Serra da Leba
The incredible zig-zag road at Serra da Leba. (Eric Lafforgue/Art in All of Us/Corbis/Getty Images.)
About 50 kilometers west of Lubango city center, the road reaches the Serra da Leba mountains, with peaks reaching up to about 2,650 meters. The mountains aren’t the most spectacular thing here though, it’s the road.
Built in 1970 by the old colonial administration to connect Lubango with the province of Namibe, the road is one of the most beautiful in the country, if not the continent, and is one of Angola’s most famous sights.
As it nears Serra da Leba, the road drops off the Huila plateau and descends 1,600 meters over the next 20 or so kilometers. It does this through a series of dizzying switchback curves – 56 in total – that rival anything in the European Alps.
This scenic marvel of engineering is best viewed from the mountains alongside it.
Travelers heading farther along the road will, at around the 100-mile (160-kilometer) mark, be rewarded with more breathtaking sights as the green landscape transforms into the barren sands of Namibe, one of the world’s oldest deserts and home to the Mucubal people.
Lubango municipal market
The market is worth a visit for its architecture and fresh produce. (Eric Lafforgue/Alamy Stock Photo.)
The municipal market of Lubango is a small colonial building located in the commercial area of the city center.
Surrounded by a bustle of small stores and a semi-open marketplace in the middle, it’s worth a visit for the atmosphere as well as the produce and people-watching.
On sale are a variety of products, from fresh seasonal food to cut flowers, mainly grown and sold by women. There are baskets handmade from different natural dried materials and a diverse range of medicinal herbs. It’s a great place to pick up pure local honey.
City center architecture
These vibrant apartments are among many examples of Art Deco architecture in the city. (Zute Lightfoot/Alamy Stock Photo)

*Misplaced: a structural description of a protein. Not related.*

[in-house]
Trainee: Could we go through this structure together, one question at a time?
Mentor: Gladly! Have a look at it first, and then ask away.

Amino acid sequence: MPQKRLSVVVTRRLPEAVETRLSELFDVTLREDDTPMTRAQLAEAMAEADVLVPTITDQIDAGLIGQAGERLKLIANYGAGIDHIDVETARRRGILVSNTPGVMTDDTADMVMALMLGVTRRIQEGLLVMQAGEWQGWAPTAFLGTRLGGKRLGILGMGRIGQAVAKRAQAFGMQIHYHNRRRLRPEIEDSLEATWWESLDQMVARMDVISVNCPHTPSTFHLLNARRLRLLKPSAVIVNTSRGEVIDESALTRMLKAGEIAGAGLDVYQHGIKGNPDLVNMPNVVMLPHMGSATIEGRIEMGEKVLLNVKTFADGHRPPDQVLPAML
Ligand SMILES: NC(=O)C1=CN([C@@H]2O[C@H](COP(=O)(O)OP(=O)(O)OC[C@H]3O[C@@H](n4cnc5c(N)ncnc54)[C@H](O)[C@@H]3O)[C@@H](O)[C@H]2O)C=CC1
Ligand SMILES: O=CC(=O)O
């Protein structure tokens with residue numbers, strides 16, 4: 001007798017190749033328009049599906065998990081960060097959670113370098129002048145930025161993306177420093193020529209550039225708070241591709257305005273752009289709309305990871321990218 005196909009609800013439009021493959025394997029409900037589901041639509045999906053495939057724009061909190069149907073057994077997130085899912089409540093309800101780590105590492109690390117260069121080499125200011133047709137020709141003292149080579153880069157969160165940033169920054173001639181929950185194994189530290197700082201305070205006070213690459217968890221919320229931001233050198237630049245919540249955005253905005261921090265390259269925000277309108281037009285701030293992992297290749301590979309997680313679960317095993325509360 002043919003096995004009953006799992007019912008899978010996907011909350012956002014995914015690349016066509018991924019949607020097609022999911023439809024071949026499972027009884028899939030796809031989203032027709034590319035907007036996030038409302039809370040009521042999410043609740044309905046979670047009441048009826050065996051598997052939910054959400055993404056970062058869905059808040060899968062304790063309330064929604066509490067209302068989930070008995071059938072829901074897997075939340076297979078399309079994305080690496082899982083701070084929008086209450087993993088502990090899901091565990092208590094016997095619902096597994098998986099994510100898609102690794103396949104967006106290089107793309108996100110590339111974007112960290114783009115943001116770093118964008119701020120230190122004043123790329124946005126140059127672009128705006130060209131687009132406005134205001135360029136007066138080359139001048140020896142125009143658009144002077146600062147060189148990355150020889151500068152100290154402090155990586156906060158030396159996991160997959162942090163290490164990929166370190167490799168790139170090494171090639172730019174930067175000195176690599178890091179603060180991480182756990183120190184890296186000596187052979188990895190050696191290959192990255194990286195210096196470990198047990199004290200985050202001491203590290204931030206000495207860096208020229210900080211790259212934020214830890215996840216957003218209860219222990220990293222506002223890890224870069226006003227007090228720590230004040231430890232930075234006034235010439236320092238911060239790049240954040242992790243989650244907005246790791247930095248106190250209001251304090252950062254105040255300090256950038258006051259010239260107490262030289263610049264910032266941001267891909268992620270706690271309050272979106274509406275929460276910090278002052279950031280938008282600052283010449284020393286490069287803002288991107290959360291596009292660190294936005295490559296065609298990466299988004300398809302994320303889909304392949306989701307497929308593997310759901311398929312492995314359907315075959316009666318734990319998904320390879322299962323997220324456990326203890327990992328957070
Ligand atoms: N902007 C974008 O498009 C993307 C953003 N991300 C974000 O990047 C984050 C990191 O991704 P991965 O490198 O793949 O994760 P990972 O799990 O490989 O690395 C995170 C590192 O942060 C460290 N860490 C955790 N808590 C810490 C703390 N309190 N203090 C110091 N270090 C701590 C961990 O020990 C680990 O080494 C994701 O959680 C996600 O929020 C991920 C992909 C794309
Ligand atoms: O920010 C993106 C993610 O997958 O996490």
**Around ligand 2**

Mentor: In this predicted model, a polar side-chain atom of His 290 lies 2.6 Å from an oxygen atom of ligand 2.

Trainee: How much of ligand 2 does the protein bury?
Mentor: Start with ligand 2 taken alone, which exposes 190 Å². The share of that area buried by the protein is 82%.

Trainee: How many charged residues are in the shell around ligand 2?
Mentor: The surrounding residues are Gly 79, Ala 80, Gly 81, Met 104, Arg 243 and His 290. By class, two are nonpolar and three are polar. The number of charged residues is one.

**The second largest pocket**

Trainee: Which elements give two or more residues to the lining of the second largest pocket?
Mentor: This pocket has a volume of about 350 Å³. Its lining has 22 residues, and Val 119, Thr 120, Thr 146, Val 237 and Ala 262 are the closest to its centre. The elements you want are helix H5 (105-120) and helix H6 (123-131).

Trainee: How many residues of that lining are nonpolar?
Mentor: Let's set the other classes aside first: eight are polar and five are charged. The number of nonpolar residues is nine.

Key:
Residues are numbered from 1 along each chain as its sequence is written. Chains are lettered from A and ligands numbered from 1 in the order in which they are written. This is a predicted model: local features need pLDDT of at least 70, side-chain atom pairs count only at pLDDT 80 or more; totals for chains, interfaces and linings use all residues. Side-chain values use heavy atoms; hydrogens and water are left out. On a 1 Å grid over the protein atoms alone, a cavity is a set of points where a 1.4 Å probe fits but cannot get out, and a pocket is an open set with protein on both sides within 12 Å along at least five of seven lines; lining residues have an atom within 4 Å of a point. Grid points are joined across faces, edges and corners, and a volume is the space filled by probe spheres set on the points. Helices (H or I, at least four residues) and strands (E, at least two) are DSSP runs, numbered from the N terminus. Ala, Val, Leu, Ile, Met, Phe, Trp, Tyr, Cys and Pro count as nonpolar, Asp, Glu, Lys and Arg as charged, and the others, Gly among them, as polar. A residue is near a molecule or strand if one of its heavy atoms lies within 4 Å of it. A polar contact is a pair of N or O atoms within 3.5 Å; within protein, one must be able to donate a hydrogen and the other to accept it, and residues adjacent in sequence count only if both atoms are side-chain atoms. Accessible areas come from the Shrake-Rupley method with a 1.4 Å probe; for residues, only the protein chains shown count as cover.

Angola’s turbulent history has left its architectural mark on Lubango with a mix of contrasting styles, both historic and new, creating a dynamic urban landscape that’s home to coffee shops and restaurants.
There are leftovers from centuries of Portuguese colonial rule plus some striking buildings from the past century.
Art Deco can be seen in numerous locations, including the imposing modern gothic Sao Jose cathedral, built in 1939. It’s worth a visit to see the impressive vaulted ceiling that curves over its congregation.
There are also numerous commercial Art Deco buildings, with particularly epic examples including the CTT post office and the Odeon Cine theater.
These stand in contrast to new African art expressed in colorful murals on the city walls.
Christ The King statue
The Christ The King statue overlooks Lubango. (Eric Lafforgue/Art in All of Us/Corbis/Getty Images.)
Standing with arms stretched wide out toward the horizon, the statue of Christ the King is one of the first things many people see when they arrive in Lubango.
Similar to the gigantic Christ statues overlooking Rio de Janeiro and Lisbon, this white, marble edifice is located high above the city, atop the 2,130-meter Serra da Chela mountain.
The 30-meter tall monument was built in 1957 to the designs of Portuguese engineer Madeira Frazão Sardinha.
Designated an Angolan World Heritage site in April 2014, this spot – just a few minutes’ drive from the center, is the perfect place to view all of Lubango and understand the buzz and scope of the city below.
Huila Regional Museum
The history of the city of Lubango comes to life in this well-preserved collection that was first opened in the 1950s.
The permanent exhibition is organized into thematic rooms that showcase the habits, customs, beliefs and traditions of communities in southern Angola.
Visitors can see ornaments, textiles, ceramics and other pieces related to agriculture, fishing, hunting and spirituality.